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Migrating from Server 2008 to 2012 in VM, does it require a new hostname?

    Question

  • Hi, at my work we are currently being asked to migrate our file servers and DB servers. Unfortunately over the years, we have developped many small applications internally within our department and many users are dependant on theses applications. our servers have specific hostnames and users point to shares using those hostnames. These servers are in VMware, Windows server 2008 R2 32bit. The new servers are Windows server 2012 64bit.

    The problem is that our IT department is telling us that we need to migrate our servers because the license is expiring and a bunch of other reasons. They told us that in order to migrate, we need to have new hostnames and we cannot preserve our original hotnames.

    I asked them if it was possible to move our data over to the new server (which has a different hostname) then shut down the old server and then rename the new server to our old hostname and then change the DNS server entry. They told us this may cause issues and that it was not normal practice.

    I am afraid that changing hostnames will be months of work for us versus a couple of days of work if we preserve our hostname. Please let me know what is common practice in this situation.

    Thanks!

    Thursday, July 04, 2013 3:49 PM

Answers

  • If there indeed are many applications depended on the hostnames and you are not willing to spend time editing them, the best approach in this case would be creating DNS aliases (CNAME records) for the old names and point them to the new servers.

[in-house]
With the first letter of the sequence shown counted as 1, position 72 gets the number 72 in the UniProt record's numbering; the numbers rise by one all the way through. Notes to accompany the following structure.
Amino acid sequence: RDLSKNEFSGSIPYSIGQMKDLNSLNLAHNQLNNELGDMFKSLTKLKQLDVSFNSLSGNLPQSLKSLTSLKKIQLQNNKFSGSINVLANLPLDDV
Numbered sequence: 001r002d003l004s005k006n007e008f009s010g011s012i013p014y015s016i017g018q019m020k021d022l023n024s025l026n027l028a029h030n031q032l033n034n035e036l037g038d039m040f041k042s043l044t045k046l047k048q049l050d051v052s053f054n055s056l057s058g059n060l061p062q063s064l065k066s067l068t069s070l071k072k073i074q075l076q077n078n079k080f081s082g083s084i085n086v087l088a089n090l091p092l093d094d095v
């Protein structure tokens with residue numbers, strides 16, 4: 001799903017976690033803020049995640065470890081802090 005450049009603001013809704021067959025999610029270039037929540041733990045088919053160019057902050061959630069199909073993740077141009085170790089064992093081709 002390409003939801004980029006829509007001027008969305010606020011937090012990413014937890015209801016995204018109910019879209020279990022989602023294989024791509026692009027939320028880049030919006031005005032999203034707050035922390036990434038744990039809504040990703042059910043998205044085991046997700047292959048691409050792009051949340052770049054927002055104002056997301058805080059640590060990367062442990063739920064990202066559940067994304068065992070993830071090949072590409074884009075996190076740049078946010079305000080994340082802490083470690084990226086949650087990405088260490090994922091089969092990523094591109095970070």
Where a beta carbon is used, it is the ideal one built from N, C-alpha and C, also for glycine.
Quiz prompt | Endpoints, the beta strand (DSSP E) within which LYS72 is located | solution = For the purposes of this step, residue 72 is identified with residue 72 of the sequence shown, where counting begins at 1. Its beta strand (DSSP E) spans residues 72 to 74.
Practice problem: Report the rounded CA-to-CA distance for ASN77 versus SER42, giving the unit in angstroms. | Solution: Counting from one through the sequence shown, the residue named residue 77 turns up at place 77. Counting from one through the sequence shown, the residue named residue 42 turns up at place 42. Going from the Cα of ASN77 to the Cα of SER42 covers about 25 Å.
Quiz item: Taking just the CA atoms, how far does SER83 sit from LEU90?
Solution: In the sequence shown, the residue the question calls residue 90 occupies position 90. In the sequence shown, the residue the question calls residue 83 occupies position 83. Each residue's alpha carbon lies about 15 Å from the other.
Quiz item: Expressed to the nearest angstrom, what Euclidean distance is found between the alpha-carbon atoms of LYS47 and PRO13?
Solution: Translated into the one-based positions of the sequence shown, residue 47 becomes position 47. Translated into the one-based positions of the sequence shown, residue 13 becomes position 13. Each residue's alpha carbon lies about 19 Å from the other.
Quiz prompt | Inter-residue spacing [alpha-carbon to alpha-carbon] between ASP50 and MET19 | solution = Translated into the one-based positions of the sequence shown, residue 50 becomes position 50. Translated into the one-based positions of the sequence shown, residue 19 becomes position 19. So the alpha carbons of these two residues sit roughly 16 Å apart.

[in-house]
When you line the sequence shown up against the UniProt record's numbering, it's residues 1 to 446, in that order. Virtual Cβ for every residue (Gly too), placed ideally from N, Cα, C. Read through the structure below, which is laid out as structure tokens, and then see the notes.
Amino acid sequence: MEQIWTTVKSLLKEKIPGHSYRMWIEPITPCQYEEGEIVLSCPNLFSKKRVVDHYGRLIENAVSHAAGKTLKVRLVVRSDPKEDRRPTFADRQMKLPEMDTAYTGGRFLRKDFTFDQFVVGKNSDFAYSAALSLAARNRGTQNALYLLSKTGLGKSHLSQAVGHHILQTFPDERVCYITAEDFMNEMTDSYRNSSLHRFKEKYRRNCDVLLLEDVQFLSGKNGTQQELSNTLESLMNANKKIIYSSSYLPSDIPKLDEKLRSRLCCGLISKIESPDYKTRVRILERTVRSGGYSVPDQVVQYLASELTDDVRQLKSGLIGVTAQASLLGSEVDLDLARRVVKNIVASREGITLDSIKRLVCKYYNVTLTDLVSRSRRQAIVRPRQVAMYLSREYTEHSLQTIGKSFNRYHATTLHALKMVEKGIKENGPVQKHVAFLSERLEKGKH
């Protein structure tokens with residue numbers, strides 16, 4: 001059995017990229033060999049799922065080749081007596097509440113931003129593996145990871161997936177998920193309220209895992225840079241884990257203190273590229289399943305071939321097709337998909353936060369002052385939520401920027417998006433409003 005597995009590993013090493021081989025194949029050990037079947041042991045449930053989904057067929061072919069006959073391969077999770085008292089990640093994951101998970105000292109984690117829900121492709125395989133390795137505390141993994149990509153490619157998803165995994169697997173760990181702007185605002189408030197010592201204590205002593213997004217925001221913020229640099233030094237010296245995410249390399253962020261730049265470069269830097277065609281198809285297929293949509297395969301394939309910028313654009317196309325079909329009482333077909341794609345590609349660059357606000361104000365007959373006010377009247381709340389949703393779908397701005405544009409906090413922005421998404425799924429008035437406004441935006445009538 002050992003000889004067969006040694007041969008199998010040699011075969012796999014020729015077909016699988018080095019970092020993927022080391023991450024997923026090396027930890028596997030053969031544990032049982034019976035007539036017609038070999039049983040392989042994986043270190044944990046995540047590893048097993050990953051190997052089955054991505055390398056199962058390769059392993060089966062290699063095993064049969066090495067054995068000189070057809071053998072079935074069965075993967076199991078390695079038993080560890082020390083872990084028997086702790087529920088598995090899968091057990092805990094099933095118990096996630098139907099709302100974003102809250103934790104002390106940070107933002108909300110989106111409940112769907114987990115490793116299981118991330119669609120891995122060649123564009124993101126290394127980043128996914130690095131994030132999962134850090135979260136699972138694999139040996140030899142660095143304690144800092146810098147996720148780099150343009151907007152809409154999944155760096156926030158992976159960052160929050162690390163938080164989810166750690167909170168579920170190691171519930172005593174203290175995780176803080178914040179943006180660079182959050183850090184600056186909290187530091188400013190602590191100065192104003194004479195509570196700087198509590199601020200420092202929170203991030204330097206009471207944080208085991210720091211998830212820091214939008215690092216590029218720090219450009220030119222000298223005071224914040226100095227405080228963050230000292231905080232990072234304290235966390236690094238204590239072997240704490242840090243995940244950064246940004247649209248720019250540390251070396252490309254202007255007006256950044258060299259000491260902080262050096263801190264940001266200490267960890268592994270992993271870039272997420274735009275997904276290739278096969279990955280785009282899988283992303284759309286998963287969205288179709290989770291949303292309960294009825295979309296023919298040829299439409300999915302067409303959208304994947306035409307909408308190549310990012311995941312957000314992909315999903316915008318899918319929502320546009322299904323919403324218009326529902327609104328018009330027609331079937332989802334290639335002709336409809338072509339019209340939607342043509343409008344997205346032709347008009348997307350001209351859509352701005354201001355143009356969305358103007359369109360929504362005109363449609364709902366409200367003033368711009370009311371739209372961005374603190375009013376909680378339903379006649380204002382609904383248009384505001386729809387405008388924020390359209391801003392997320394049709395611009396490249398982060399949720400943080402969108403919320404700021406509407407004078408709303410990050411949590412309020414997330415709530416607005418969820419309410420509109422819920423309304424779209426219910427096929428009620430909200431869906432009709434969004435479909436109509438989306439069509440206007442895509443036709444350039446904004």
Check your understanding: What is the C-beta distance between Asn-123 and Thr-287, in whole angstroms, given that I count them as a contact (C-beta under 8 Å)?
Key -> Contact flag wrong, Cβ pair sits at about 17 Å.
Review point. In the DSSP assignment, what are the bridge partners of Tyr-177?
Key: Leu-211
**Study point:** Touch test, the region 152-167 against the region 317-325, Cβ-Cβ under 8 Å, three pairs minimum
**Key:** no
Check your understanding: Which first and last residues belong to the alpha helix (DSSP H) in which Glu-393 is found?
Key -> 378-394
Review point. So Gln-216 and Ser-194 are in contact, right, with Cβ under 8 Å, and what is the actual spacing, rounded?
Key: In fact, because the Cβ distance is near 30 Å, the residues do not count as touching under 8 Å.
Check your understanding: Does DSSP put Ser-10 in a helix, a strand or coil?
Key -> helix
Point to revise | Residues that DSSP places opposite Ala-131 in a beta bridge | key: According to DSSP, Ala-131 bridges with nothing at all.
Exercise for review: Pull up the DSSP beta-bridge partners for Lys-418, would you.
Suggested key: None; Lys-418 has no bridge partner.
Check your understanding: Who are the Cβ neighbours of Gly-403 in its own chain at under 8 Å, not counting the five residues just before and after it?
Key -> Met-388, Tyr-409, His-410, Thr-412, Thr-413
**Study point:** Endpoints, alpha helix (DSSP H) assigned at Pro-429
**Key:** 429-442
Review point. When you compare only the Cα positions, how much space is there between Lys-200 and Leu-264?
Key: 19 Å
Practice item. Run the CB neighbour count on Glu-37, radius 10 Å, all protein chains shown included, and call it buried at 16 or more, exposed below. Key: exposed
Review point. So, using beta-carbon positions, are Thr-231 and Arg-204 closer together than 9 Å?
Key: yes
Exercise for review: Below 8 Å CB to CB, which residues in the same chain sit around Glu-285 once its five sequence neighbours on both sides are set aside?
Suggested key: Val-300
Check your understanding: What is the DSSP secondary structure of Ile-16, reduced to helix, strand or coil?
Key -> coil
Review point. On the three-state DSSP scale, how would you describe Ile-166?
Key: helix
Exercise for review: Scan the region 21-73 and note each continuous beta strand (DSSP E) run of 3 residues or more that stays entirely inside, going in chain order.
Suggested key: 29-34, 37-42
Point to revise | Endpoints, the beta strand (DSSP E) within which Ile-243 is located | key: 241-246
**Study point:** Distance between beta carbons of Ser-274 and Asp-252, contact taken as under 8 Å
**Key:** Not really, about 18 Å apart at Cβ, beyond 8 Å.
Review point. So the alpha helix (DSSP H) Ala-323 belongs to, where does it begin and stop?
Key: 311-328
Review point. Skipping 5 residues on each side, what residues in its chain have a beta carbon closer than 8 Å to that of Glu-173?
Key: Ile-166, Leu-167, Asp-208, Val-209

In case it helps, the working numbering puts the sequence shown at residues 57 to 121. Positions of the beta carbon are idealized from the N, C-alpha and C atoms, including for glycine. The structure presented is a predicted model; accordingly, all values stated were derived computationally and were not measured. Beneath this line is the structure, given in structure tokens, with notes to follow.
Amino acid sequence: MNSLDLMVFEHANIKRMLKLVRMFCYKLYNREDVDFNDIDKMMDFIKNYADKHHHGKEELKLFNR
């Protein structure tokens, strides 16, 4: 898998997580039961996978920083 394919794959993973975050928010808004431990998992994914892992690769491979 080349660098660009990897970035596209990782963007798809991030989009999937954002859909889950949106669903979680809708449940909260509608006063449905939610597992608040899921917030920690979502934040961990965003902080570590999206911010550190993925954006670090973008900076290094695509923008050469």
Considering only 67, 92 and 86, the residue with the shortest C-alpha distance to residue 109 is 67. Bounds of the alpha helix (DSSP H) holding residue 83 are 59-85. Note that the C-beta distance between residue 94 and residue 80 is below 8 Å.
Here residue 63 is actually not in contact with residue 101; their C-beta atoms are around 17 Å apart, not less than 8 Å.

Thursday, July 04, 2013 3:54 PM
  • Hello,

    "Windows server 2008 R2 32bit." This OS version doesn't exist, either it is Windows server 2008 R2 and that way already is 64bit or it is Windows server 2008 which exists in 32 and 64 bit version and maybe has SP2 installed?

    So first built a lab and TEST all self created applications that they run on Windows server 2012. Then in a LAB TEST the upgrade from the server with all applications and databases running.

    Especially for the databases you should get in contact with the DB software vendor if an in-place upgrade is supported from the Server OS.

    BTW: Programming applications to use fixed server names or ip addresses is really bad design and should be avoided for future plans.


    Best regards

    Meinolf Weber
    MVP, MCP, MCTS
    Microsoft MVP - Directory Services
    My Blog: http://msmvps.com/blogs/mweber/

    Disclaimer: This posting is provided AS IS with no warranties or guarantees and confers no rights.


    Friday, July 05, 2013 6:56 AM

All replies

  • If there indeed are many applications depended on the hostnames and you are not willing to spend time editing them, the best approach in this case would be creating DNS aliases (CNAME records) for the old names and point them to the new servers.
    Thursday, July 04, 2013 3:54 PM
  • Hello,

    "Windows server 2008 R2 32bit." This OS version doesn't exist, either it is Windows server 2008 R2 and that way already is 64bit or it is Windows server 2008 which exists in 32 and 64 bit version and maybe has SP2 installed?

    So first built a lab and TEST all self created applications that they run on Windows server 2012. Then in a LAB TEST the upgrade from the server with all applications and databases running.

    Especially for the databases you should get in contact with the DB software vendor if an in-place upgrade is supported from the Server OS.

    BTW: Programming applications to use fixed server names or ip addresses is really bad design and should be avoided for future plans.


    Best regards

    Meinolf Weber
    MVP, MCP, MCTS
    Microsoft MVP - Directory Services
    My Blog: http://msmvps.com/blogs/mweber/

    Disclaimer: This posting is provided AS IS with no warranties or guarantees and confers no rights.


    Friday, July 05, 2013 6:56 AM